BC Hydro

BC Hydro’s primary construction – fabricating falsehoods

Derrick Penner of the Vancouver Sun reported words from the Chief of BC Hydro’s nomenklatura :

In December, [Jessica] McDonald heralded Site C as “essential to keeping the lights on…”

“Fundamentally, (independent power projects) are important partners of ours. It’s only been in the very recent past, but they now account for 25 per cent of our portfolio. That’s a permanent partnership now, and a very important one for us… There will continue to be opportunities for IPPs in the future. We do have the standing-offer program, there will be renewals of some IPPs going forward…”

The BC Hydro Service Plan published in September 2005 said:

Demand on BC Hydro’s electricity system grows each year. From March 2004 to March 2005, BC Hydro connected about 22,000 new customers to its system. BC Hydro’s latest demand forecast shows an increase of 1.5 per cent growth per year over the next 20 years.

Now halfway through that 20 year estimate, the utility’s public records show that, instead of rising 18% by 2016, domestic consumption declined by 3%, comparing the current year’s demand to when the Service Plan was published.

In 2012, BC Hydro ignored its own data and raised the annual growth projection from 1.5% per year to 1.7% (40% in 20 years).

Charles Reid, then BC Hydro President, repeated that assertion in 2014, mouthing a long standing claim that consumption growth is inexorable. He was clearly wrong and probably knew it. A decade of flat demand for electricity in British Columbia is in line with numbers reported by the U.S. Energy Information Administration (EIA). Growth in electrical consumption throughout most of North America has been non-existent since 2010. EIA reported in 2014 that U.S. electricity sales had decreased in four of the previous five years. Part of this is from less heavy manufacturing, part from user’s desire to conserve energy and part from increased efficiencies of new technologies.

Source: U.S. Energy Information Administration

The International Energy Agency reports that North Americans consume double the energy per person of residents in other OECD nations. Per capita, we use nine times the amount of non-OECD countries. BC Liberal politicians wrongly choose policies to encourage more consumption instead of more conservation. They are concerned about rewards for friends in the here and now and that means billions borrowed to be spent on new power generation that may or may not be used.

Laboratories around the world are working on new energy and solutions are beginning to emerge that will create a revised landscape not based on fossil fuels and waste.

US agency reaches ‘holy grail’ of battery storage sought by Elon Musk and Gates, The Guardian, March 3, 2016:

…The battery storage systems developed with Arpa-E’s support are on the verge of transforming America’s electrical grid, a transformation that could unfold within the next five to 10 years, [Ellen Williams, Arpa-E’s director] said.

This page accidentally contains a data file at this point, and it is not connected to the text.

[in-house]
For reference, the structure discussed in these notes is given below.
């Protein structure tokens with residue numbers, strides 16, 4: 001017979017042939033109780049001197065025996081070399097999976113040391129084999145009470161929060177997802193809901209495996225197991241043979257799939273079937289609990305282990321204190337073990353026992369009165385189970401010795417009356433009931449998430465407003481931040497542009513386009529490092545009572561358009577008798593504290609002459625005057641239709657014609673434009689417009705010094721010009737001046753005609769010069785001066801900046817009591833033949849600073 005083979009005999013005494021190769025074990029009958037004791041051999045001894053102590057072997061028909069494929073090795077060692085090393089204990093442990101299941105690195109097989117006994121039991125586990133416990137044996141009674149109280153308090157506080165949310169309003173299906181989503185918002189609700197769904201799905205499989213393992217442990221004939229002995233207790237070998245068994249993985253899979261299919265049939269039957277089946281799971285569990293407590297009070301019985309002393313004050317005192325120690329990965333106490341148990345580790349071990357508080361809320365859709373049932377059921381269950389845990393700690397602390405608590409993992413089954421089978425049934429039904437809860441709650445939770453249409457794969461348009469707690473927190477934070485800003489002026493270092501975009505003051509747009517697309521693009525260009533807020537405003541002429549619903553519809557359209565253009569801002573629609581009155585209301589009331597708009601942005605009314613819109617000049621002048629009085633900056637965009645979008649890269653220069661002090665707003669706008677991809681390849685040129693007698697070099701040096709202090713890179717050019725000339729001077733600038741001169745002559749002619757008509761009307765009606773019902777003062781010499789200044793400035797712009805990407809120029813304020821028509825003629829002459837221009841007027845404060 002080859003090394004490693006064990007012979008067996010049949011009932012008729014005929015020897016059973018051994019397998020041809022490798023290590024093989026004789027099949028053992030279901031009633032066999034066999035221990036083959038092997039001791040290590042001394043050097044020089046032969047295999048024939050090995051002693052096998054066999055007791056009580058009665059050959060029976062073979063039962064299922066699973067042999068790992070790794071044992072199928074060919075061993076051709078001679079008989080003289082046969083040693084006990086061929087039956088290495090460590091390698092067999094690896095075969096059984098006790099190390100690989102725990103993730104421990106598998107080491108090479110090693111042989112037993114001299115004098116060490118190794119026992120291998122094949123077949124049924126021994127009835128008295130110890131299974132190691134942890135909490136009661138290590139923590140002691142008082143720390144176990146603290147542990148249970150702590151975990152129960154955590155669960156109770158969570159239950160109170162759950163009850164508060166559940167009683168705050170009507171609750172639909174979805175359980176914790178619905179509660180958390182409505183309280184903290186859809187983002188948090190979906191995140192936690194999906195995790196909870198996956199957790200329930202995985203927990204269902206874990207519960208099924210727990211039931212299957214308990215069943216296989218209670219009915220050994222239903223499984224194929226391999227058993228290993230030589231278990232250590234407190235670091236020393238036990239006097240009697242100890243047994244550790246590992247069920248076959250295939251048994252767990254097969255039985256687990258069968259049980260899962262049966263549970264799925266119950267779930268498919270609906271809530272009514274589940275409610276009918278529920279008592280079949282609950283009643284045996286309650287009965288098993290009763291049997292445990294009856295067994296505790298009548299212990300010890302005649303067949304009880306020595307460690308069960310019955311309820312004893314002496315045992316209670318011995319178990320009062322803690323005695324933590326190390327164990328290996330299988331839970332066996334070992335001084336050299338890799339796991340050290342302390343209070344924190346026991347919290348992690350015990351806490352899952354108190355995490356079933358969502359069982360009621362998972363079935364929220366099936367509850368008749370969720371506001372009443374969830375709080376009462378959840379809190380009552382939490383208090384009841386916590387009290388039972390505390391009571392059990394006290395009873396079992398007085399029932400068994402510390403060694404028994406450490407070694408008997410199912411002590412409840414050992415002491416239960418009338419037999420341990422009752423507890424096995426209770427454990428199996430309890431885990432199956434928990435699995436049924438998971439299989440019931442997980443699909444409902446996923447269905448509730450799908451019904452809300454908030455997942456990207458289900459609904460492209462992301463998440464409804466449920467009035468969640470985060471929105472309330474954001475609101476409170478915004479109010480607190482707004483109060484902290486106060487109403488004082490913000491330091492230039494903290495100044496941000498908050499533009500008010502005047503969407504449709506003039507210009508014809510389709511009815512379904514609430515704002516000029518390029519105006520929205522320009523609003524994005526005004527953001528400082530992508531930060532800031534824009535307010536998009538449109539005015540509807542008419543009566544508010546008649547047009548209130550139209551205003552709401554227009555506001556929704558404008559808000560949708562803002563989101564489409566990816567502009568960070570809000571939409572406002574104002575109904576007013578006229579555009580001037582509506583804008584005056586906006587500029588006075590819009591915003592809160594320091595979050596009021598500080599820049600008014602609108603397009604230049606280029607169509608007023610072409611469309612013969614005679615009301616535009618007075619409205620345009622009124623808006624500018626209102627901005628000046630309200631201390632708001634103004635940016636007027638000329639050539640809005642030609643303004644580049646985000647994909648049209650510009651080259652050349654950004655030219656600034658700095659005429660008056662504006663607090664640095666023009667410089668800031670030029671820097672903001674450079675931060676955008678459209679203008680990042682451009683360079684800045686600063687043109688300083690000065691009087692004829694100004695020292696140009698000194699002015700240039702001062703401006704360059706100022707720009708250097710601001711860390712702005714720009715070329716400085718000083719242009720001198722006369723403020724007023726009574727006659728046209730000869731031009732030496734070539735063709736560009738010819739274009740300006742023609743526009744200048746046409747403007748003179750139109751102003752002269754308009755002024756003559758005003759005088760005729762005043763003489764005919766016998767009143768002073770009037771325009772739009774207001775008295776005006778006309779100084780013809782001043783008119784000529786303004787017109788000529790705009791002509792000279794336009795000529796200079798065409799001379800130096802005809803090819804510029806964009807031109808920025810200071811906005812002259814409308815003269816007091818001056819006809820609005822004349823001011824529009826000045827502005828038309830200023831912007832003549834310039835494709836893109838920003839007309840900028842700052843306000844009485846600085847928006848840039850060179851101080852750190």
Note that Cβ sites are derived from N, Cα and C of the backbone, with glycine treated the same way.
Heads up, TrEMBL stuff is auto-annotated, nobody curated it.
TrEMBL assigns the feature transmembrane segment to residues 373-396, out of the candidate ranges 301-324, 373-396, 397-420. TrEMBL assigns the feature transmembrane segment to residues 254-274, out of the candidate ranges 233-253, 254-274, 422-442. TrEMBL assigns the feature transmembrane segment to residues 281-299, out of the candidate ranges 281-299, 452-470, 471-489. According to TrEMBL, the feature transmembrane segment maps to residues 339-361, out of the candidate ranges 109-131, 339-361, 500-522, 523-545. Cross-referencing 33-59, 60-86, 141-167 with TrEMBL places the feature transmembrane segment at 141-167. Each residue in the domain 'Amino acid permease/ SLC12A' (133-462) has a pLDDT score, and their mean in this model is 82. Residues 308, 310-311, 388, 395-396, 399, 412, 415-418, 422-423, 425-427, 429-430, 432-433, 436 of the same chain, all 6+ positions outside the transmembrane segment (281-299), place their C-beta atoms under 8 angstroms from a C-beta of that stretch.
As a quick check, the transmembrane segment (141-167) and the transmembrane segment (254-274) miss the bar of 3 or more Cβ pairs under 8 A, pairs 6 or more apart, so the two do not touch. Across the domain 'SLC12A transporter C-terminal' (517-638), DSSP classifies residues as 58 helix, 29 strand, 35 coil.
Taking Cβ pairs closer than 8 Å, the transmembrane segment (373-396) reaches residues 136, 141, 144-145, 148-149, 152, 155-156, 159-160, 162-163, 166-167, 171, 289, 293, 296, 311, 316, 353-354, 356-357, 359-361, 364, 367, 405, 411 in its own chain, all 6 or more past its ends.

The most promising developments are in the realm of large-scale energy storage systems, which electricity companies need to put in place to bring more solar and wind power on to the grid.

She said projects funded by Arpa-E had the potential to transform utility-scale storage, and expand the use of micro-grids by the military and for disaster relief. Projects were also developing faster and more efficient super conductors, and relying on new materials beyond current lithium-ion batteries.

The companies incubated at Arpa-E have developed new designs for batteries, and new chemistries, which are rapidly bringing down the costs of energy storage, she said…

The following graphs are prepared by the U.S. Department of Energy. Keep in mind that in the 3 months ended December 31, 2015, BC Hydro paid an average of 9.14¢ per KWh to IPPs, under price-escalating contracts that stretch beyond 50 years. Site C power will cost between 10¢ and 18¢ per KWh. (Heavy industry pays 5.4¢/KWh for power it uses.)

As requested by Les in comments, here is the price change of power purchased by BC Hydro from IPPs. As indicated, prices decline elsewhere but in British Columbia, rise 42% in five years.

Categories: BC Hydro

19 replies »

  1. In the Sun article, Derrick Penner asks about her lack of experience in the utility field. Ms. McDonald states “I think I’m the right person for the position. If you want to go further than that, I’ll add that I don’t believe, at least in my memory, the CEO of BC Hydro has come from a utility background.”

    In my mind that is a big problem.


  2. She was Deputy minister to Gordon Campbell during the time the Clean Energy Act was formulated. The CE Act is a massive giveaway to IPPs at BC Hydro's expense.

    “From 2005 to 2009 she held the most senior public service position in the provincial government as Deputy Minister to the Premier, Cabinet Secretary and Head of the BC Public Service, responsible for oversight of all aspects of government operations.”


    She recently appeared at an event sponsored by Innergex, which owns about 17 IPPs in BC (check their website below):



  3. Well, when you can't find a list of former CEOs you don't need a long memory.

    Who would ever state, they were not “the right person for the position” “Right” is the key here; right for what, who, why?

    Lastly, does being the right person, bring with it the ability to mislead or, as most sane people would say, lie? http://www.vancouversun.com/technology/hydro+boss+apologizes+inaccurate+testimony/11645238/story.html?__lsa=c063-c96d

    Guy is right; big problem.


  4. Had to consult a dictionary in the very first line.

    Nomenklatura: a select list or class of people from which appointees for top-level government positions are drawn, especially from a Communist Party.

    Interesting. Although the BC Business Party declares itself to be our protector from the socialists, they just can't help operate as if they are most comfortable with centralized totalitarianism, engaged in ceaseless political maneuvering among themselves while maintaining total power, as a privileged class, over all the others. Thus, they serve state owned enterprises of China and Malaysia ahead of businesses owned by Canadians. Those Asians understand how vital it is to treat the decision makers with discrete generosity.